The case will go to the jury after closing arguments this morning.
I expect that she will be found guilty of the murder of Shirley Lindenbaum.
On the seventh day of testimony, the defense for Janice Vickers opened and closed after an hour and a half of testimony Thursday afternoon.
Prosecutors concluded their case earlier that day against Vickers after calling witnesses for seven days.
Defense attorney Mark Clark called two witnesses before closing his case.
Vickers stands accused of intentionally running over and killing 82-year-old Shirley Lindenbaum on White Oak Drive in Canyon Lake the night of Nov. 3, 2006.
A DNA analyst with the Department of Public Safety confirmed for the prosecution Thursday morning that blood found on the inside and outside of Vickers’ Tahoe belonged to Lindenbaum. The prosecution closed with testimony from Detective Tommy Ward with the Comal County Sheriff’s Office.
Ward headed the Vickers investigation, which lasted two years and resulted in her arrest and indictment for murder in December 2008.
Ward outlined the accumulation of evidence during the investigation, focusing on his observations of the crime scene and Vickers’ behavior the night of Lindenbaum’s death.
He testified that after he introduced himself to Vickers that night, she made a statement to him that was “strange to hear.”
“She said, ‘I murdered her – I murdered her twice’,” he testified. “She told me she had run over her and run over her again.”
In statements to police that night, Vickers said she was reaching for CDs that had rolled onto the floorboard when she drifted off the road and accidentally struck an object. She said she backed up and ran over the object again before getting out and realizing it was a person.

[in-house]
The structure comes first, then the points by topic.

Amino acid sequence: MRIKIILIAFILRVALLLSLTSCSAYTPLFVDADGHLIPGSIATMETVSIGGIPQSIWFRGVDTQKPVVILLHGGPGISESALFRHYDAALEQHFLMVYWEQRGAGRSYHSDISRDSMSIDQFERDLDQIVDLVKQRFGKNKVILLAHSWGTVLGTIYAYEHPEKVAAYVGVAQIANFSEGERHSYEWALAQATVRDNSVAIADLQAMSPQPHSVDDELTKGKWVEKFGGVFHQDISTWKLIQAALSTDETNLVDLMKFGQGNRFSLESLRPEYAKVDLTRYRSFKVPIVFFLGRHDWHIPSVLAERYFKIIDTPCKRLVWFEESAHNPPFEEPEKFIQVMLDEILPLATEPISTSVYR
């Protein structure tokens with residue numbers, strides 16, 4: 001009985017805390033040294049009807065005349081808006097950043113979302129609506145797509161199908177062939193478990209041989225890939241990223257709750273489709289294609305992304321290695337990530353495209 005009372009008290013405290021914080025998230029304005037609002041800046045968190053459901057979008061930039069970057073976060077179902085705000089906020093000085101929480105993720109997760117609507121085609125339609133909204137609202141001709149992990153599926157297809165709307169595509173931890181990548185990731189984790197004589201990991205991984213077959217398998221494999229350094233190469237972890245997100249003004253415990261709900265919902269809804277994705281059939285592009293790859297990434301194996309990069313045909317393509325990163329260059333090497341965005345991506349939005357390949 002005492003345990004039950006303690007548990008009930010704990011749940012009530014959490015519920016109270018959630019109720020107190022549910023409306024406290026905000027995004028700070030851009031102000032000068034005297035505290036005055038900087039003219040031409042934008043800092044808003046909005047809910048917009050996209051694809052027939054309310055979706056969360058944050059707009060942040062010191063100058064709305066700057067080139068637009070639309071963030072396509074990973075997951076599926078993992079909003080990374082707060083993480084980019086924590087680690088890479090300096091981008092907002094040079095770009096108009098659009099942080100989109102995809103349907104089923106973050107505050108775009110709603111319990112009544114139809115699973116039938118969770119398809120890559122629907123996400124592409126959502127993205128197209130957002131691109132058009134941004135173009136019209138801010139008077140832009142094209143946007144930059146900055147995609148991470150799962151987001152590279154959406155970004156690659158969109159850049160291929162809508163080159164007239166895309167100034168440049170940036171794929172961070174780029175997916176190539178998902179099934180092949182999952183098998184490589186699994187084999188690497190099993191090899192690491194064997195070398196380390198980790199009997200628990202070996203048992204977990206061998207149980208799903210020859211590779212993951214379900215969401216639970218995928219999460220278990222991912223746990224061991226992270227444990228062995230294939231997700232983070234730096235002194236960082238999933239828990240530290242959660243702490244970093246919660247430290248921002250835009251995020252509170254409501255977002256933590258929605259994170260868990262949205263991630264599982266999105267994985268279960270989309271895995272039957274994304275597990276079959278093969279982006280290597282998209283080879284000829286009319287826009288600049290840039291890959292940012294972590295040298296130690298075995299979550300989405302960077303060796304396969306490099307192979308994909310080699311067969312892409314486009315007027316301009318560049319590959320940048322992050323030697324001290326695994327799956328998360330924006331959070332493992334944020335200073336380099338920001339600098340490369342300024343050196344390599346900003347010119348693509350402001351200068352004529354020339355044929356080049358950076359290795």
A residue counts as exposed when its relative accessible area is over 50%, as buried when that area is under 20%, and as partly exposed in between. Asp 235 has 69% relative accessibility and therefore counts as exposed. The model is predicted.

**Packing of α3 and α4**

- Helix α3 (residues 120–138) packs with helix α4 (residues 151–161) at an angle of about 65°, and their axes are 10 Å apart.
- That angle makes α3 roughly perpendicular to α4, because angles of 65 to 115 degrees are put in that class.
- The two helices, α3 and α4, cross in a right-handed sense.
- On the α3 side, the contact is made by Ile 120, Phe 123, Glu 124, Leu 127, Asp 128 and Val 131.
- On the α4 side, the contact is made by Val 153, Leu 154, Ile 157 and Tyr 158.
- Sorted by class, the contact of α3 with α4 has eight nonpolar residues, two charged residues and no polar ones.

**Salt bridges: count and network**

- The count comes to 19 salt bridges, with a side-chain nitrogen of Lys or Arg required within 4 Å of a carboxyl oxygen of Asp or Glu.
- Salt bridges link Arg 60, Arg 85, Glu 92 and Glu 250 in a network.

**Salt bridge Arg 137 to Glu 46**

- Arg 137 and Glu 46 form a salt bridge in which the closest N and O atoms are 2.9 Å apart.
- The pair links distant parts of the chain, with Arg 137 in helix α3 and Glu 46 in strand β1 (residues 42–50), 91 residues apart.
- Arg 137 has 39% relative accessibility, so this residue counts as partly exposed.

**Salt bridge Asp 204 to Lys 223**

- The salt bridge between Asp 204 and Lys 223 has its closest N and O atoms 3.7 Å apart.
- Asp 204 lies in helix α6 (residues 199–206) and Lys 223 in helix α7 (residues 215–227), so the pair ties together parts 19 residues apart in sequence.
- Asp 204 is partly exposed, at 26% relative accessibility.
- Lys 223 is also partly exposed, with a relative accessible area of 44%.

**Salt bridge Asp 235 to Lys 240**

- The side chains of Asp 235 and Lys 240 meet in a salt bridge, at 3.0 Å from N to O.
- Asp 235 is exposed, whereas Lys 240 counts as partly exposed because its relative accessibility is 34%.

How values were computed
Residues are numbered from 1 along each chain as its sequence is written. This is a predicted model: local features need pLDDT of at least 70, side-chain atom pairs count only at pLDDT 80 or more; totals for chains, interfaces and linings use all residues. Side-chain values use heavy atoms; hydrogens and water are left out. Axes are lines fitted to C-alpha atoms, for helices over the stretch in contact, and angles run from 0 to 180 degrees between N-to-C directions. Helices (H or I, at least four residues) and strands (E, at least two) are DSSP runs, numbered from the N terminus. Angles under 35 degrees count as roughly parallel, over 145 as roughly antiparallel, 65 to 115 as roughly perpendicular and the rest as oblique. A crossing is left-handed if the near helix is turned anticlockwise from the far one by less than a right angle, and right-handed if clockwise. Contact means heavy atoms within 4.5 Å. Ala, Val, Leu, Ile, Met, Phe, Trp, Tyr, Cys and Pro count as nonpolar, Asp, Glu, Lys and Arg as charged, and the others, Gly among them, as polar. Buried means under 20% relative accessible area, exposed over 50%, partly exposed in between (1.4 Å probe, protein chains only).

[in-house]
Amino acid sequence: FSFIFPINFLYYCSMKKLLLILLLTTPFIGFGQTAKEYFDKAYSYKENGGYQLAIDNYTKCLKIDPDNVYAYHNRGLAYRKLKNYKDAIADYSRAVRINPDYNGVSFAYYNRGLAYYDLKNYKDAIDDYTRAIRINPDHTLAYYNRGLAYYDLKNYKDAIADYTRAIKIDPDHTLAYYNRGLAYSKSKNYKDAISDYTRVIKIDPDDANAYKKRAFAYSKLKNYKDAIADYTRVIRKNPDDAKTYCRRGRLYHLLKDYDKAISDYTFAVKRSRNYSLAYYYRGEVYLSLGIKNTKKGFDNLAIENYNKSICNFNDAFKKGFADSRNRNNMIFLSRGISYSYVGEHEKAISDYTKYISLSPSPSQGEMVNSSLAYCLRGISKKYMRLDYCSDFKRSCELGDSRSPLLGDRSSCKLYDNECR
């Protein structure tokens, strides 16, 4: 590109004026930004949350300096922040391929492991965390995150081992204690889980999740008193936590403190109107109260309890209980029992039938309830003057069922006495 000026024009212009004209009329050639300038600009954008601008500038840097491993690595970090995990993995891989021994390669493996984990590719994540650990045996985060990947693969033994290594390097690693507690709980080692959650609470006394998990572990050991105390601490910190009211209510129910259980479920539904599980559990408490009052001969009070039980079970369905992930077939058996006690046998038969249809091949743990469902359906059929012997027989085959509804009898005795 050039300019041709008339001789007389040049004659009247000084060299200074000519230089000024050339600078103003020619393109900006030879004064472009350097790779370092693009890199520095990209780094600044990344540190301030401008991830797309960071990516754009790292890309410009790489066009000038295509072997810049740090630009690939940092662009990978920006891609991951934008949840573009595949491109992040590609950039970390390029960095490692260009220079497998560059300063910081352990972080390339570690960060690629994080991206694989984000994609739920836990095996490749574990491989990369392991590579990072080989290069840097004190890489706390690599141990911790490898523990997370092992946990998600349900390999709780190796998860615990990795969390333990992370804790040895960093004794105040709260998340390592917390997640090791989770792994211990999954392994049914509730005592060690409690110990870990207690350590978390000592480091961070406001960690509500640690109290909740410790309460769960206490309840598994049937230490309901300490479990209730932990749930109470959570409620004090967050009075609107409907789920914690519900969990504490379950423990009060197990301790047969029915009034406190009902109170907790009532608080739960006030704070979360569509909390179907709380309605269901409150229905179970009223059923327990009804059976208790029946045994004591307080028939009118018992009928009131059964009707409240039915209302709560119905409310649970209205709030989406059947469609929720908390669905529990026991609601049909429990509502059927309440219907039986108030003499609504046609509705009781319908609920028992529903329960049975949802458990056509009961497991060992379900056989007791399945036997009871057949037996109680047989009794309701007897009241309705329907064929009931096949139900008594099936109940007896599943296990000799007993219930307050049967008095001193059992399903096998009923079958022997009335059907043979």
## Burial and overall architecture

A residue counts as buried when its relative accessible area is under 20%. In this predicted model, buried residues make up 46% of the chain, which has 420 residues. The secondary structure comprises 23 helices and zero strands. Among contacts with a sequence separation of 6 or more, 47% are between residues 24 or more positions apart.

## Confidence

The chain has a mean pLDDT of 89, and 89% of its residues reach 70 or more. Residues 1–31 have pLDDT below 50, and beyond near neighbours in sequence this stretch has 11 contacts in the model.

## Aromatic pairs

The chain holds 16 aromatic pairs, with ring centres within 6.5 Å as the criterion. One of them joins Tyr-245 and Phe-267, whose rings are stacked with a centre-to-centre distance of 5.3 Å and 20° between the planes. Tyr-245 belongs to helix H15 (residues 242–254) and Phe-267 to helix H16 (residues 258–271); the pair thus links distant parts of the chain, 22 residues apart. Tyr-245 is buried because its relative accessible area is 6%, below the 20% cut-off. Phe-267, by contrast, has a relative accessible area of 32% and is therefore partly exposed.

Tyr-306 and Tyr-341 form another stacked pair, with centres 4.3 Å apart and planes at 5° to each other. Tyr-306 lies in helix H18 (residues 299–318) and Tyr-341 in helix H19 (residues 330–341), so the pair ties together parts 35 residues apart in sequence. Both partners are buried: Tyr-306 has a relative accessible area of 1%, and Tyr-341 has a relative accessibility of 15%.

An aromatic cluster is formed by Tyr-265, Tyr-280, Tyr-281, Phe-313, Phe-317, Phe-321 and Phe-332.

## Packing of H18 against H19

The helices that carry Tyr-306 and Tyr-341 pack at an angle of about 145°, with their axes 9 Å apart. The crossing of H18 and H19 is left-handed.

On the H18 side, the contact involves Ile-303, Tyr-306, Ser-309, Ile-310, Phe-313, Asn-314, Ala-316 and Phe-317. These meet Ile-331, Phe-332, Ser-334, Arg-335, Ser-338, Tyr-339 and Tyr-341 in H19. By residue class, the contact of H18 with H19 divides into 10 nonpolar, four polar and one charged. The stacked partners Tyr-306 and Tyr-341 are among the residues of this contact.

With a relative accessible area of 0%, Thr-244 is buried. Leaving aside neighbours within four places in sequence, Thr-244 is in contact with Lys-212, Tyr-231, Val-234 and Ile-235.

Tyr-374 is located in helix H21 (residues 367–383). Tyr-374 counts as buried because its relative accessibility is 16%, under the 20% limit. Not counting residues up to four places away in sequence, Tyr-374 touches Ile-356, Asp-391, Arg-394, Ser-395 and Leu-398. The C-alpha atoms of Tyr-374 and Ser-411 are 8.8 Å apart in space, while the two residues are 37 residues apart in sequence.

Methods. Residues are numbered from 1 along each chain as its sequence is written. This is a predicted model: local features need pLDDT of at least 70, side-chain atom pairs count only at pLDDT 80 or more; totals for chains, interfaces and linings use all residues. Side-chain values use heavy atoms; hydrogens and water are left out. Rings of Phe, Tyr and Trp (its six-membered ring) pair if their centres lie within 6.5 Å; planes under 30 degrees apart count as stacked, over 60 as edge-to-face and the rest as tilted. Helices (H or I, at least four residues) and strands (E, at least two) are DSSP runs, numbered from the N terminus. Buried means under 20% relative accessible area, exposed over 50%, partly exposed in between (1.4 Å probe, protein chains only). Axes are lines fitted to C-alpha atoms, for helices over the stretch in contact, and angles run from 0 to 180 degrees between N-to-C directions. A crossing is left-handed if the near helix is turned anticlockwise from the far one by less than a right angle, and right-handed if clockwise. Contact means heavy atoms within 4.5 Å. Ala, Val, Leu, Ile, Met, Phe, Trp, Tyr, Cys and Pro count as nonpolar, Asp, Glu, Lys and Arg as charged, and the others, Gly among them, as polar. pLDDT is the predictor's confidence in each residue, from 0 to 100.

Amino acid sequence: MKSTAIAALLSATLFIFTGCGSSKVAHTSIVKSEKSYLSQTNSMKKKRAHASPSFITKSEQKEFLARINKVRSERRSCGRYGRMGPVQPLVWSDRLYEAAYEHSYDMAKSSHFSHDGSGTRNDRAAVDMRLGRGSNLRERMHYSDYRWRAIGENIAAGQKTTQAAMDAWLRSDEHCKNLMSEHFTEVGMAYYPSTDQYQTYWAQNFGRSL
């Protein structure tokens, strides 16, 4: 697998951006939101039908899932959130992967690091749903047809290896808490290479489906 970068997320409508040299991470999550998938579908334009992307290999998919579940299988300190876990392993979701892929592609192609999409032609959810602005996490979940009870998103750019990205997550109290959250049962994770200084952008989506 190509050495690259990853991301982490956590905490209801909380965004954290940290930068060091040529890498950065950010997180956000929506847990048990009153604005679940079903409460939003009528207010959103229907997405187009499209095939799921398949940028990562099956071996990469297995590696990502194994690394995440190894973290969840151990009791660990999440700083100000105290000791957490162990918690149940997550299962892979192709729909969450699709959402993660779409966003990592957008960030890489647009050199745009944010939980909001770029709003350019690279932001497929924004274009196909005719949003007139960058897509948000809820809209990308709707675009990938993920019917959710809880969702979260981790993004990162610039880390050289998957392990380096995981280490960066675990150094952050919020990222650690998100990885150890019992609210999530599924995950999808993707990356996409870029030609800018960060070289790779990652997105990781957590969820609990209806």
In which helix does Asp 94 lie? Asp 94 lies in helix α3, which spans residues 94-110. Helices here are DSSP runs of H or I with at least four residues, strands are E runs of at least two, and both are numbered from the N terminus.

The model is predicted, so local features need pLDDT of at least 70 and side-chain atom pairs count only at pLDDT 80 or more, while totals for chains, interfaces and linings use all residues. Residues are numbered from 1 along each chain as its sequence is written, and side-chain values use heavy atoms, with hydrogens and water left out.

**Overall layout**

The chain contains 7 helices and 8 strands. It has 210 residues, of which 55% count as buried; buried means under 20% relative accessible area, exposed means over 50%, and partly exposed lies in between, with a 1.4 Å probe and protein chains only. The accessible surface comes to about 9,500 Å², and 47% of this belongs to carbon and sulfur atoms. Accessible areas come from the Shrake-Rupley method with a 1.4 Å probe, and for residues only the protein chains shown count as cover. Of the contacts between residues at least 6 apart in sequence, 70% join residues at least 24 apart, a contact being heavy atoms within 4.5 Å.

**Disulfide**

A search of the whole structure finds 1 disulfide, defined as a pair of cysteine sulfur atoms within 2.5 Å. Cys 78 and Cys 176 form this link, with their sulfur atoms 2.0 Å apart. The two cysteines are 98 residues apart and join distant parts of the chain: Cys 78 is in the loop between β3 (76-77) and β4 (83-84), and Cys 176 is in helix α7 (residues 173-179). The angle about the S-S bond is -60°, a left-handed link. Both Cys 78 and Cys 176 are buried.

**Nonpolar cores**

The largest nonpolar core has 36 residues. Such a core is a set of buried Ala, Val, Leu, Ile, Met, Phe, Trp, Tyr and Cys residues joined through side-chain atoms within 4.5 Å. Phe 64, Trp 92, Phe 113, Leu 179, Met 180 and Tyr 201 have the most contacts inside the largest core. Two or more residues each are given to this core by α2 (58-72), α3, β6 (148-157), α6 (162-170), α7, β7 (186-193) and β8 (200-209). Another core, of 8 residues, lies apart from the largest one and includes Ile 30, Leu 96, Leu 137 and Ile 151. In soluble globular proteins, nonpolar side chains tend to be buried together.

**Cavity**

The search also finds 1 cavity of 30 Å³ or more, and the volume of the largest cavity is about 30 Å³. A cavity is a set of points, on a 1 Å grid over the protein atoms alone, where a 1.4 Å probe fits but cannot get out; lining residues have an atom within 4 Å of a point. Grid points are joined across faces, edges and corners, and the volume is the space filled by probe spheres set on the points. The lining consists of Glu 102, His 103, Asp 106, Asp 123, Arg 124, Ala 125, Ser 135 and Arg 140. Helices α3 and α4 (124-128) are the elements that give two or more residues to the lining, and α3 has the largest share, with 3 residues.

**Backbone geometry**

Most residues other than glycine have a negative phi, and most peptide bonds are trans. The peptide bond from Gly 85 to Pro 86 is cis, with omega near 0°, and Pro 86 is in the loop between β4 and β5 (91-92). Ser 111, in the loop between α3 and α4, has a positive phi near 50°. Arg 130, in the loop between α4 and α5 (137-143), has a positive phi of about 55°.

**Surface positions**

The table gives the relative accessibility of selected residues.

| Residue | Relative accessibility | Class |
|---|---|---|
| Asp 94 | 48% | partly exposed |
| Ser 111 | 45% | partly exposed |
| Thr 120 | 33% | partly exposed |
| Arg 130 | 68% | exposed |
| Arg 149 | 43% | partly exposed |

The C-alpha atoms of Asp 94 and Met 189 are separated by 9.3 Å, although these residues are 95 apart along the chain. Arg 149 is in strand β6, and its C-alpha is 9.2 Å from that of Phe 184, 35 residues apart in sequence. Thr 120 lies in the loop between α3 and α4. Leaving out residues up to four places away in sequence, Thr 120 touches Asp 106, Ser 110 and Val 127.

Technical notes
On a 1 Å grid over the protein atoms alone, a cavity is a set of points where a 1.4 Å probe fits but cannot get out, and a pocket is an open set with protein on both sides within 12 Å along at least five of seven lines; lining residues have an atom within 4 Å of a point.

In statements made later that night to police, Vickers said she traveled around the neighborhood seeking help before she was able to find her cell phone and call 9-1-1. At one point in her statement, she said she walked to get help. Later, she said that she drove.
Ward investigated the vehicle and the body.
“My initial observations were that (Lindenbaum) was to the side of the vehicle,” Ward testified Thursday. “There was a lot of damage to the upper body, but her feet were extremely clean.”
Lindenbaum’s body was found barefoot and investigators never located shoes at the scene.
Ward said he found fresh brain matter in the front passenger-side tire, but it was clean, which he interpreted to mean it had not rolled over in the dirt.
“This was not fitting the scene,” Ward testified Thursday. “This was not fitting what I had been told.”
He also reviewed the front of Vickers’ Tahoe, finding it undamaged.
“If (Lindenbaum) had been standing, there would have been some damage to the front,” he said. “There was no damage at all. The (grill) guard was flimsy – it would have dented back toward the vehicle.”
Ward testified about blood found in Vickers’ passenger seat.
“My thoughts were that blood could only come from someone sitting in the seat,” he said. “Someone was sitting there and bleeding, causing it to drip down.”
A purse belonging to Lindenbaum was found in the back of Vickers’ Tahoe. Ward testified that it was not dirty or damaged, which he said he would have expected if Lindenbaum had been carrying it when she was struck. He also said police did not discover any items on the ground that might have spilled from the purse.
Vickers said, in statements to police that night, she picked the purse up at the scene and placed it in her vehicle.